Staff Spotlight: Stephanie Newton, Enrollment Coordinator


Staff Spotlight: Stephanie Newton, Enrollment Coordinator

by Administrator
Posted May 10, 2019

Last Month, we shared a Waiting Littles of the Month story with you, and this month, we would like to extend a special thank you to our very own Stephanie Newton who played a huge role in highlighting Jenser & ‘L’!

What does it mean to work for BBBSMB?

10 years ago I had a mentee through another organization, and our friendship grew from him putting his head down on the table and not wanting to engage, to playing “math basketball” and going ice skating together. It’s meaningful to know that other kids and adults are building similar friendships. Kids have amazing perspectives on the world and I think we grown-ups can learn a lot from them. Our Littles also really look up to their Bigs and look forward to spending time together. Mentoring is all about “planting trees under whose shade you won’t sit” – the benefits are long term so you might not necessarily see them.

How long have you been involved with the organization?

548 days. We count how long a Little has been waiting for a Big in days. When kids ask their guardians, “When am I going to get my Big?” daily, they really feel every day pass. On a related note, please apply to be a Big!

As an Enrollment Coordinator, what is your biggest responsibility?

Facilitating quality matches between Bigs and Littles. I enroll adult volunteers in the program, enroll kids and their families in the program, and match them together based on personality fit, location, favorite professional basketball player, and many other factors.

Recently we launched our first Waiting Little of the Month Campaign; you helped tremendously with pulling that together.  Could you speak towards your role in that project and the impact it’s had on you?

We have hundreds of Littles waiting for Bigs, so some end up waiting a very long time to be matched, and it’s an absolute delight to match a Little who has been waiting so patiently (i.e. asking their guardian every day for a Big) for so long. I’ve been working with many coworkers to tell the stories of our longest-waiting kids to let potential Bigs (you) know that there is such a need for Bigs, and encourage them (you) to apply.

How do you interact with the families and Bigs you serve on a daily basis? You work on the Spanish Speaking team, so how important is it for you to be able to speak Spanish when communicating with the families you serve?

It’s a team effort to find the right match and set it up for success, so I talk with the families on my caseload and the Bigs that I’m enrolling regularly. After interviewing a Big and processing their application, I’m right there with them to introduce them to their Little. It’s fun to be involved in the whole process.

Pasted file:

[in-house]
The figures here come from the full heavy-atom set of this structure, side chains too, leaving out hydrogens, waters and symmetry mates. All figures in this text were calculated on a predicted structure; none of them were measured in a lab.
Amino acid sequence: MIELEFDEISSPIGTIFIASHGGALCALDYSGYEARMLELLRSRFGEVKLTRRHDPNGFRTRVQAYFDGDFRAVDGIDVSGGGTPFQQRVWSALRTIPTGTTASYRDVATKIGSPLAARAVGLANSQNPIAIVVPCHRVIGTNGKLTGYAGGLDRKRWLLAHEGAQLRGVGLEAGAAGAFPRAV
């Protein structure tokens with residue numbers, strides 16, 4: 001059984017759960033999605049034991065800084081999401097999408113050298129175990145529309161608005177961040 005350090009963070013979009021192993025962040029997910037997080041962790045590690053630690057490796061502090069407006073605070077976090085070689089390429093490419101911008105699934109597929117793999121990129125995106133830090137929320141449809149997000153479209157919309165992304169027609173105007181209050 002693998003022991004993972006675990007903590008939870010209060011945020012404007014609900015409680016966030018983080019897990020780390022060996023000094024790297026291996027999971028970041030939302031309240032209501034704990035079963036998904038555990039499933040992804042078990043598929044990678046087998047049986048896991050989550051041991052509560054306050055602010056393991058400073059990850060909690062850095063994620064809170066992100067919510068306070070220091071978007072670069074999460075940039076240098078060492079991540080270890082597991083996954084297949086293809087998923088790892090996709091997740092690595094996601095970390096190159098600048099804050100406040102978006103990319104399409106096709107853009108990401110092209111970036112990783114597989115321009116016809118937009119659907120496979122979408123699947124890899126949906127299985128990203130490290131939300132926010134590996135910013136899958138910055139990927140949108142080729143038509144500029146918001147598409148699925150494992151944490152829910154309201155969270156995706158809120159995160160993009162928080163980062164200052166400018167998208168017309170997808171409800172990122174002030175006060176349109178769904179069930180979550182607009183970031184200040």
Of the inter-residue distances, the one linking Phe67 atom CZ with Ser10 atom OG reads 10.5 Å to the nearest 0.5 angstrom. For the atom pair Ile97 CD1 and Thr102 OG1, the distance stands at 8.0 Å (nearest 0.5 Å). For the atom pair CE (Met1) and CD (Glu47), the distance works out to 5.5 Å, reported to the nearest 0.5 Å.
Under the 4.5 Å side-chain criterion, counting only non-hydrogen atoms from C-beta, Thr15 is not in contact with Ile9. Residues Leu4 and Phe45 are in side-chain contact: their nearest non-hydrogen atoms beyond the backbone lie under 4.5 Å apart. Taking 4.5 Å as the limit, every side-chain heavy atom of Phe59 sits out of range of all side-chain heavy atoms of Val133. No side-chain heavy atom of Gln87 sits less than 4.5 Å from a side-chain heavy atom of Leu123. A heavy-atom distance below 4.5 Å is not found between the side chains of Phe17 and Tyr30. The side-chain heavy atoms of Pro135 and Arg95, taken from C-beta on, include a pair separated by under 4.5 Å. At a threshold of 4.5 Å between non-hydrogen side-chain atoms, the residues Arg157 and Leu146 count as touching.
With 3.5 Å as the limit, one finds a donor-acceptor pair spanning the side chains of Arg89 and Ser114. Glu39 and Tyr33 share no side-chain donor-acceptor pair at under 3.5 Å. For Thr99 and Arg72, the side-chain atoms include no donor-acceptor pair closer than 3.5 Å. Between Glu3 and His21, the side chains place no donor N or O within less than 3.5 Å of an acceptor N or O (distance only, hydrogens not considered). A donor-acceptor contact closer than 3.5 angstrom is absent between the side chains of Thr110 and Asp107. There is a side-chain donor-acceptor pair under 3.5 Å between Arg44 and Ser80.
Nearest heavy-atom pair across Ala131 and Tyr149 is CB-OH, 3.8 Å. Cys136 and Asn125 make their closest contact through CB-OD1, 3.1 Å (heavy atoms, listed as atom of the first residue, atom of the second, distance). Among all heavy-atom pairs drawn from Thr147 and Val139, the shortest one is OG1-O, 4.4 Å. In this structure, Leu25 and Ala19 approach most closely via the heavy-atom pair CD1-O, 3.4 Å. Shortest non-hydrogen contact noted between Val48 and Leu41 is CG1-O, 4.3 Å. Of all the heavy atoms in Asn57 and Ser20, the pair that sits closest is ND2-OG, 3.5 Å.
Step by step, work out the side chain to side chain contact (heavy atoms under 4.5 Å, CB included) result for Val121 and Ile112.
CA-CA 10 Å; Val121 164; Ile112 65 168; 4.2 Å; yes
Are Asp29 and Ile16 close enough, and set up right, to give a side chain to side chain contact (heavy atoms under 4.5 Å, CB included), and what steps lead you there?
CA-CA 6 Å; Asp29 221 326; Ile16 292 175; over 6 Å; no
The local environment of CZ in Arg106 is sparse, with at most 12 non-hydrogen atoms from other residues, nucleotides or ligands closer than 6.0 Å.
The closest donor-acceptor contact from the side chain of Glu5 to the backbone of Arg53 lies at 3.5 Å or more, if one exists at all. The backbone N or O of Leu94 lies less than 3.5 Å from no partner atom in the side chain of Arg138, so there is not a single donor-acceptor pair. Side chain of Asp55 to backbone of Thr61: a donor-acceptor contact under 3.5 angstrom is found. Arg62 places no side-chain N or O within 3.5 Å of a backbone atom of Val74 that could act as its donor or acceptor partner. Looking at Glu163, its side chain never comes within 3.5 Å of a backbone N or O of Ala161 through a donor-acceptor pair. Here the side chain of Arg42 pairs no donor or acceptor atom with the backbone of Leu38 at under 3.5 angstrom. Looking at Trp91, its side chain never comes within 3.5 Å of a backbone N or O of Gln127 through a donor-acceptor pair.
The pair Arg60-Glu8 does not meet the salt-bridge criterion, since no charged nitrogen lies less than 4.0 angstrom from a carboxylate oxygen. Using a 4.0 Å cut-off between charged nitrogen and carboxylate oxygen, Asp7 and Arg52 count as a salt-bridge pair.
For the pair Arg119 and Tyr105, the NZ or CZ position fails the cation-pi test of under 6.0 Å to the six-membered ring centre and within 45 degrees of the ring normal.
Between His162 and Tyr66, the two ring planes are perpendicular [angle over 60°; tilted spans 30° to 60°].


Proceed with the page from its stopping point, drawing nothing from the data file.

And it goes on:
About a third of the families on my caseload prefer to communicate in Spanish, and it’s extremely important to honor a family’s preferences and comfort so they can have a better experience in our program. Upon meeting a family, there have been times when we began speaking in English, and I could see the relief on their faces when I asked if they wanted to switch to Spanish. They went from answering my questions with a few reluctant words, to sharing a flood a stories about their child.

It’s also extremely important that a Little see themselves in their role models, whether that’s having a role model who is also an immigrant, black, likes music, grew up with a single parent, or has ADHD. Having a wide range of identities and experiences in our Bigs allows us to make better quality matches, since we have such a wide range of identities and experiences in our Littles.

How would you describe the culture at BBBSMB?

We are always pushing ourselves to be better, while also making sure that we are caring for ourselves and each other. We constantly share articles, podcasts, books to read, events to attend, and Quotes of the Month across the team. There is an excellent work-life balance, which helps me do my job better. We also have dental insurance, and a schedule that’s flexible enough that we can actually go to the dentist.

In your free time, do you have any special hobbies that you take up?

Credit to Troy Sankey

I play the tenor saxophone in an activist brass band called the Second Line Brass Band. We play in  support of local social justice and community events. You might see us marching around Greater Boston wearing red and black and making a lot of noise.

What’s the most rewarding aspect of working at Big Brothers Big Sisters of Massachusetts Bay?

One of my favorite parts of the job is identifying a Little and a Big who will be a great fit for each other. It’s like doing a puzzle that keeps changing shape as you’re trying to put it together (actually, I’ve never had that experience, but I imagine it is both tricky and fun) and I love feeling a “click” that says, YES, this Little and this Big will be perfect together.

I once asked a Little how excited they were about getting a Big on a scale of 1-5, and they said, “10. No, 100. No, a million. No, 6 MILLION!” Another time, I was calling a mother to tell her that we found a Big for her child, and she screamed with joy. The sheer excitement that people feel about starting a new, lasting friendship is so heartening.

The most challenging?

Calling a family to tell them that we’re still looking for a Big for them (note: apply to be a Big!)

Deciding between 3 Littles who could all be a good fit for a particular Big (note: apply to be a Big!)

Not being able to be a Big myself for all the Littles I meet (note: apply to be a Big!)

What advice would you give to someone who is considering coming to work for BBBSMB?

Be prepared to be awed by our Bigs and Littles, attend the monthly “Snacktivity” to spend time with your teammates, and click “save” often.

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